Steve Stecklow is a senior special writer and news editor in the Boston bureau of The Wall Street Journal. He moved to Boston in July 2005 after spending seven years at the Journal’s London bureau as a global investigative reporter. Prior to that, he served as deputy bureau chief in the Journal's Boston bureau between March 1996 and July 1998. He joined the Journal in June 1993 as a Boston-based, national education reporter.
Mr. Stecklow began his journalism career in 1976 as a reporter at the Atlantic City Press in Pleasantville, N.J. He became a reporter at the Philadelphia Bulletin later that year. In 1981, he spent six months as a reporter at the Washington Star before joining the Philadelphia Inquirer, where he later became a national correspondent.
Mr. Stecklow has received numerous awards during his career. Most recently, he was part of the Wall Street Journal team that received the 2007 Pulitzer Gold Medal for Public Service for the comprehensive probe into backdated stock options. Mr. Stecklow also received a Scripps Howard for investigative reporting for the same series of exposing the corruption of manipulated stock options.In 1988, he shared a George Polk Award for Iran-Contra coverage with a team of Knight-Ridder reporters. From December 1989 through March 1990, he was a National Press Club Spanish language fellow in Cuernavaca, Mexico. In 1996, he won the grand prize in the 15th Annual Benjamin Fine Awards for outstanding education reporting for his 1995 page-one story, "Cheat Sheets," an investigation of college enrollments and the discrepancies being reported to various government agencies and consumer guidebooks. He won the 1996 George Polk Award for education reporting for his 1995 series on the Foundation for New Era Philanthropy, a massive Ponzi scheme. He also was a finalist in a 1996 Investigative Reporters and Editors contest; won a third-place prize for investigative reporting in the 1996 National Headliners Awards given by the Press Club of Atlantic City and received The Washington Monthly's May 1995 journalism award for his series on New Era.
In 1997, Mr. Stecklow was a member of a Journal team awarded the Inter American Press Association award for in-depth reporting for their 1996 coverage of political corruption and the drug-running crisis in Latin America. He won first-place prizes in the news features and investigative reporting categories in the 1997 National Awards for Education Reporting sponsored by the Education Writers Association. He was a member of a team of Journal reporters awarded a 1997 George Polk Award for medical reporting for coverage of fen-phen, a prescription diet medication. In 1998, Mr. Stecklow received a special citation for feature writing in the National Awards for Education Reporting and an honorable mention in the Benjamin Fine Awards for outstanding education reporting for his page-one story "Higher Yearning." He and a Journal colleague received a second place award in 2000 from the South Asian Journalists Association in the outstanding story on South Asia category for their page-one story "Borrower Beware."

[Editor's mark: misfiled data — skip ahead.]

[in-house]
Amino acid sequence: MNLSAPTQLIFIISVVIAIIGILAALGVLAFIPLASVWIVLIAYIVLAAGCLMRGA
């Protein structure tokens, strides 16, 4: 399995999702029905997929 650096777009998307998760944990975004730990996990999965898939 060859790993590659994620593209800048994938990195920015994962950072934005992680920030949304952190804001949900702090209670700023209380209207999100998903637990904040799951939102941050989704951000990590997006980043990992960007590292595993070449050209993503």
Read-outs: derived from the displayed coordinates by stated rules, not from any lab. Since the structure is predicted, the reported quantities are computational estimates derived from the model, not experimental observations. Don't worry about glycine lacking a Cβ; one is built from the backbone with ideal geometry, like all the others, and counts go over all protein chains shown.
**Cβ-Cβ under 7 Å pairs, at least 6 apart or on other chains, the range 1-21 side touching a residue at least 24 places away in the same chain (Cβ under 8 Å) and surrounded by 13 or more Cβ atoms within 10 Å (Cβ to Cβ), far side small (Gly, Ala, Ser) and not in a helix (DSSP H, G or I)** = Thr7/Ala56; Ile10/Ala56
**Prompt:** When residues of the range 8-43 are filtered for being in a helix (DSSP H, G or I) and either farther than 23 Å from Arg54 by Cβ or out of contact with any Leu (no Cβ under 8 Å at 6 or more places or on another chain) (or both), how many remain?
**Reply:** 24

In 2001, Mr. Stecklow and a Journal colleague, Alix Freedman, received awards for their page-one story "Bottled Up." They were recipients of the New York City Chapter of the Society of Professional Journalist's Deadline Club Award for best business news series or investigative reporting, of the New York Press Club Award for business reporting and of the Exceptional Merit Media Award in the news story category from the National Women's Political Caucus. They were also finalists in the Gerald Loeb Awards large newspaper category.
In 2003, Mr. Stecklow and Ms. Freedman were finalists for a Pulitzer prize for international reporting for a series of stories on corruption in the United Nations oil-for-food program. The stories also won a prize last year from the United Nations Correspondents Association.
In December 2004, Mr. Stecklow was among a group of Wall Street Journal reporters who won The Elizabeth Neuffer Award for Print Journalism for its series on the United Nations.
Born in Brooklyn, N.Y., and raised in West Orange, N.J., Mr. Stecklow received a bachelor's degree from the University of Pennsylvania. He is married to Anne Krinsky, an artist, and they have a son, Jesse.